Focus on breach of procedural obligations in merger review cases increases
The European Commission has fined General Electric (GE) €52 million (app. DKK 390 million) for providing incorrect information for the Commission’s review of GE’s acquisition of Danish LM Wind Power.
Commission’s decision of 8 April 2019
By assistant attorney Andreas Riis Madsen
The case in brief
GE's proposed acquisition of LM Wind Power qualified as a notifiable transaction. At the time of the merger review, GE was marketing a 6-megawatt offshore wind turbine and informed the Commission that it did not have any higher power output wind turbine for offshore applications in development. The Commission learned, however, through information collected from a third party, that GE was simultaneously offering a 12-megawatt offshore wind turbine to potential customers and that the information it had supplied was consequently incorrect. On this background, the Commission decided - after approving the acquisition - to impose a fine on GE for having provided incorrect information during the merger review process.
The fine will not affect the approval of the transaction, though, as the Commission contacted GE during its review, following which GE withdrew its notification to file a second notification with rectified information. The Commission’s approval, thus, was based on this second (rectified) notification.
Numerous cases over provision of incorrect information
Recent years have seen competition authorities increasingly enforcing infringements of procedural rules in merger review cases.
In May 2017, Facebook was fined €110 million for having provided incorrect information for the Commission’s review of Facebook’s acquisition of WhatsApp in 2014. Similarly, the Commission is currently investigating Merck and Sigma-Aldrich on suspicion of similar infringements in Merck’s acquisition of Sigma-Aldrich in 2015.
In December 2014, the Danish Competition and Consumer Authority reported Metro Cash & Carry to the police for having supplied incorrect information for the Authority’s review of its acquisition of two Metro stores. In this case, the Court in Glostrup ultimately imposed a DKK 50,000 fine on Metro. The fine was subsequently upheld by the Danish Eastern High Court.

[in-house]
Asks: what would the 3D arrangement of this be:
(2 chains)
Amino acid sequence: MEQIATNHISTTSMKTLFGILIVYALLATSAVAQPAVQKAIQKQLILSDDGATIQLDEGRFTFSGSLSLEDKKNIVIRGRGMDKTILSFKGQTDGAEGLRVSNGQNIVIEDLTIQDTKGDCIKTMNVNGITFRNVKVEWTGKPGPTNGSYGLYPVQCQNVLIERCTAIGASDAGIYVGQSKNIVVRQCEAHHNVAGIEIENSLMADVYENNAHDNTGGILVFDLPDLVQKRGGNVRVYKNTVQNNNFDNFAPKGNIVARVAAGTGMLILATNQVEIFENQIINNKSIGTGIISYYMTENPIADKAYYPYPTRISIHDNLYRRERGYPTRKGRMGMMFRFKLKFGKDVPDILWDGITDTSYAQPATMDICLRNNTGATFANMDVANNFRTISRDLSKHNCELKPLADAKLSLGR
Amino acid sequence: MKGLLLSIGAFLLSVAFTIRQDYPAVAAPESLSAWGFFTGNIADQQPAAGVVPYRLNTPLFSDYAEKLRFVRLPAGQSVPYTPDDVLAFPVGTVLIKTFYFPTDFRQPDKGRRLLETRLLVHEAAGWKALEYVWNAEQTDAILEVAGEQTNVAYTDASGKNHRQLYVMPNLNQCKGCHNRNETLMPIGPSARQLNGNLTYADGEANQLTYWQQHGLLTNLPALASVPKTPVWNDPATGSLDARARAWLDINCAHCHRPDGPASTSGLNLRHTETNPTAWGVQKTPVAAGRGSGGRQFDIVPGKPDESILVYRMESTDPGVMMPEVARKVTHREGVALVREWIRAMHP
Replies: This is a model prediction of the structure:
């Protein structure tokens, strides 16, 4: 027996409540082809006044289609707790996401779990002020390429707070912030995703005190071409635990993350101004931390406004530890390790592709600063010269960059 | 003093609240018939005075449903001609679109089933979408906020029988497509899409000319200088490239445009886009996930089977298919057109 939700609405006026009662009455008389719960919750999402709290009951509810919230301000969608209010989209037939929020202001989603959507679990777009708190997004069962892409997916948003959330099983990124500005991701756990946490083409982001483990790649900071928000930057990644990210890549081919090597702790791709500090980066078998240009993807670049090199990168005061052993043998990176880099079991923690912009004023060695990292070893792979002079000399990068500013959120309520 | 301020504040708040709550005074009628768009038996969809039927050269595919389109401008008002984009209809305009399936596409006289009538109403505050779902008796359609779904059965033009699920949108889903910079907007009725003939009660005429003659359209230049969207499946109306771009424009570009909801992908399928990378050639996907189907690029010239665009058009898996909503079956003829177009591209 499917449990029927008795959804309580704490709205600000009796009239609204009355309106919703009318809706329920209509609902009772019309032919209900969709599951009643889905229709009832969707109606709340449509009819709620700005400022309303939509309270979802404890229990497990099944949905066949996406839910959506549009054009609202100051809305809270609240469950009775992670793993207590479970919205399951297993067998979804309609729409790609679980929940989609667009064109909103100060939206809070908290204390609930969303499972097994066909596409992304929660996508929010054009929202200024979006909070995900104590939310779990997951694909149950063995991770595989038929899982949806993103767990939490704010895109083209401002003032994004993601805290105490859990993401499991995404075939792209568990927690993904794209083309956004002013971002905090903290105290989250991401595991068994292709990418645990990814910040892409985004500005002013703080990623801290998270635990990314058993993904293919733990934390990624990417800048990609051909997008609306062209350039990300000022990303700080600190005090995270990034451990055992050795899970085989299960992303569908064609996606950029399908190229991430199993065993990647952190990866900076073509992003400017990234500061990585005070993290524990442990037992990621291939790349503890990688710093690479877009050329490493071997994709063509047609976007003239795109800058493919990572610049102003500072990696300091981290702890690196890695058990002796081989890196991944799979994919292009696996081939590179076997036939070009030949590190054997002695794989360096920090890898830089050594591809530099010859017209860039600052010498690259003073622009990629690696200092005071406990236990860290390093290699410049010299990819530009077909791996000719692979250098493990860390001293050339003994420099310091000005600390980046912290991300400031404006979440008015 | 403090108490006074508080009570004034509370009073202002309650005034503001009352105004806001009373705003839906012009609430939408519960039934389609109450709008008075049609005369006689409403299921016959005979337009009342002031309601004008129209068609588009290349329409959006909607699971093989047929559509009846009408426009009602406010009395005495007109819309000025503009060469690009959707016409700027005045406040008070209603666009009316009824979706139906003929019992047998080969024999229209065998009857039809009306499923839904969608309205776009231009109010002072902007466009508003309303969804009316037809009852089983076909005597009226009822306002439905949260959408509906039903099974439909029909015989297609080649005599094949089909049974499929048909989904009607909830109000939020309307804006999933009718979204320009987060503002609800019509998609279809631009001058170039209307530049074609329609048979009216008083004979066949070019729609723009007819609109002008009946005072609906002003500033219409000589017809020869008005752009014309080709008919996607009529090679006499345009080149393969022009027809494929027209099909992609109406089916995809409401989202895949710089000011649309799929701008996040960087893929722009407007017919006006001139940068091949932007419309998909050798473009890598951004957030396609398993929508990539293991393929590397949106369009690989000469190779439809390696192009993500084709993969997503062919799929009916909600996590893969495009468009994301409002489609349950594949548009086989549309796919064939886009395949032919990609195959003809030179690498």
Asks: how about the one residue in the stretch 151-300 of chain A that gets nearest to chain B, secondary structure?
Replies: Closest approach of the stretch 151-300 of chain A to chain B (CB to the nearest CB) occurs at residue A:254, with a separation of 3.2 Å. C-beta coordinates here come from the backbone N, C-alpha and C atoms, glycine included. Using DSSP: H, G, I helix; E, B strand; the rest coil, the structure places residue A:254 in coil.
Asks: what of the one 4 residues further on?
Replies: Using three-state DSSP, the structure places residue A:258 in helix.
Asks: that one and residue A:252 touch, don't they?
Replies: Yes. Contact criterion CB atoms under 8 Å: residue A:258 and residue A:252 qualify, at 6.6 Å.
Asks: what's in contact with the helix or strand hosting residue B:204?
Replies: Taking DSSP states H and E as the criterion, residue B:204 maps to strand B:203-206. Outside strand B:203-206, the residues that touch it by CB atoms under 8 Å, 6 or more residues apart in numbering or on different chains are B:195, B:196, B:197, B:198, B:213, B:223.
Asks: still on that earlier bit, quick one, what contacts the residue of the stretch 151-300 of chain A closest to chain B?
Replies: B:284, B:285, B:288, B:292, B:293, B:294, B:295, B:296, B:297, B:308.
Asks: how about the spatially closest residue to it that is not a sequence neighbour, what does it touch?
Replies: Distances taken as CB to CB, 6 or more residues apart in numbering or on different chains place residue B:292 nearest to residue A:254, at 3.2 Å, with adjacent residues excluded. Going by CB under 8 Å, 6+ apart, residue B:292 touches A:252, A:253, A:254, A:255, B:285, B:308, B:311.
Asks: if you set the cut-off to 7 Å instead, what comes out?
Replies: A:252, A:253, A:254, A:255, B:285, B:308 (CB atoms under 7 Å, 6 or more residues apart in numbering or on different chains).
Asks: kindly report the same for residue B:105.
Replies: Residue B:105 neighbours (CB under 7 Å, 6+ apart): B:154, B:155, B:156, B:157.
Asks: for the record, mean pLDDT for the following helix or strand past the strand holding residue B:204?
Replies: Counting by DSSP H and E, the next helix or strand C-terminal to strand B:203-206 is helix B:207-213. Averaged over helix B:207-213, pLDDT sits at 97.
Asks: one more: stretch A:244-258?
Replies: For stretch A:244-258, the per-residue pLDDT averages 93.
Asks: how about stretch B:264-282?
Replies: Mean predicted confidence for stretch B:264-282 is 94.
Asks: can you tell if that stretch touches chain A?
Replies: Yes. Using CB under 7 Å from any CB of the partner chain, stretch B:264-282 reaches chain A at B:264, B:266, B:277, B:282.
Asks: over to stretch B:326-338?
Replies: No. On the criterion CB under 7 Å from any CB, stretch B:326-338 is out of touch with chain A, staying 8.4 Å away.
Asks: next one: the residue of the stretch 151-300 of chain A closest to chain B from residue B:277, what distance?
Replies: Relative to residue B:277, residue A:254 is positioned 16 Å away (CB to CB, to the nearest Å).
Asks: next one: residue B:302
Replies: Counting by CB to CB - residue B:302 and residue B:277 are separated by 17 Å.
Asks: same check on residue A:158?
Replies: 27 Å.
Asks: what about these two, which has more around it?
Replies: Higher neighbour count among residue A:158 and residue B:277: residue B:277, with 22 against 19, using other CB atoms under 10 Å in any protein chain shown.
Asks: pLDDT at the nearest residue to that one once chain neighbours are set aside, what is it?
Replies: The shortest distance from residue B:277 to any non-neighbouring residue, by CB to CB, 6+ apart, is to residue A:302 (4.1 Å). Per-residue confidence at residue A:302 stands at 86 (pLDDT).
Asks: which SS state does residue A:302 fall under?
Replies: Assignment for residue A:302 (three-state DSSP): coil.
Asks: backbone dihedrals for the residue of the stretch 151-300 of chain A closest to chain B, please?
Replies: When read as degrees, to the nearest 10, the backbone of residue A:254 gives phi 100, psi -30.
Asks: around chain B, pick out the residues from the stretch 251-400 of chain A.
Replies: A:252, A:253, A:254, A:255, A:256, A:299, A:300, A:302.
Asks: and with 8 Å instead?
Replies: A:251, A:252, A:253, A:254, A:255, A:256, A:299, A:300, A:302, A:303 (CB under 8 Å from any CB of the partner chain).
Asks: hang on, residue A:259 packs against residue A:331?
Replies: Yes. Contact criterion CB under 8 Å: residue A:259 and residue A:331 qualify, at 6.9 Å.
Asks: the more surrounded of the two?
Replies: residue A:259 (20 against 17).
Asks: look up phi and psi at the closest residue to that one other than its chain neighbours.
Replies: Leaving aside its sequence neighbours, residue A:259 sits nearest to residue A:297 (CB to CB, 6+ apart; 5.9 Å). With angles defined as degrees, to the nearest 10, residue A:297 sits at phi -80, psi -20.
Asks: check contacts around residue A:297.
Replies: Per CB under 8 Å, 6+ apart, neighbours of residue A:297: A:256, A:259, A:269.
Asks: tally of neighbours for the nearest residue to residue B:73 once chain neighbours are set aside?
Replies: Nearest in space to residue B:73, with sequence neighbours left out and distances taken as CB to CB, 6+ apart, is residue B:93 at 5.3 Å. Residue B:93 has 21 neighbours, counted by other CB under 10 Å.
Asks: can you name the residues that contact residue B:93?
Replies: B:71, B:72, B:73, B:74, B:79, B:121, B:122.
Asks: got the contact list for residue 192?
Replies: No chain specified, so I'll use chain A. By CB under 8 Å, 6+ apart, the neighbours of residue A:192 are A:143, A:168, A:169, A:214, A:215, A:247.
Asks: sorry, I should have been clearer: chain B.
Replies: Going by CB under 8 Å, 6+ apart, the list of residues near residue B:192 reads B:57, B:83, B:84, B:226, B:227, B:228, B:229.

Back in January 2012, Danish Agro accepted a fine of DKK 50,000 for having failed – during the merger review of its acquisition of S.A.B. a.m.b.a Landbrugets Andel – to rectify the information that the Danish Competition and Consumer Authority had based its approval on. Danish Agro had entered into a conditional framework agreement for the purchase of the assets of a third competing enterprise which the Danish Competition and Consumer Authority considered to be an active competitor of Danish Agro after the merger. The non-disclosure of this framework agreement to the Danish Competition and Consumer Authority caused it to withdraw the approval of Danish Agro a.m.b.a's acquisition of S.A.B. Landbrugets Andel.
What are the lessons from these cases?
The rising number of cases shows the competition authorities’ increasing attention to compliance with procedural rules in merger review processes. With authorities clearly willing to impose substantial fines for non-compliance, merging entities must be vigilant and make sure to supply correct and adequate information to them for merger review purposes. If any undisclosed or incorrect piece of information is found to be relevant to the competition authorities’ approval of a transaction, there is a risk that the approval will be subsequently withdrawn.
Read the European Commission's press release.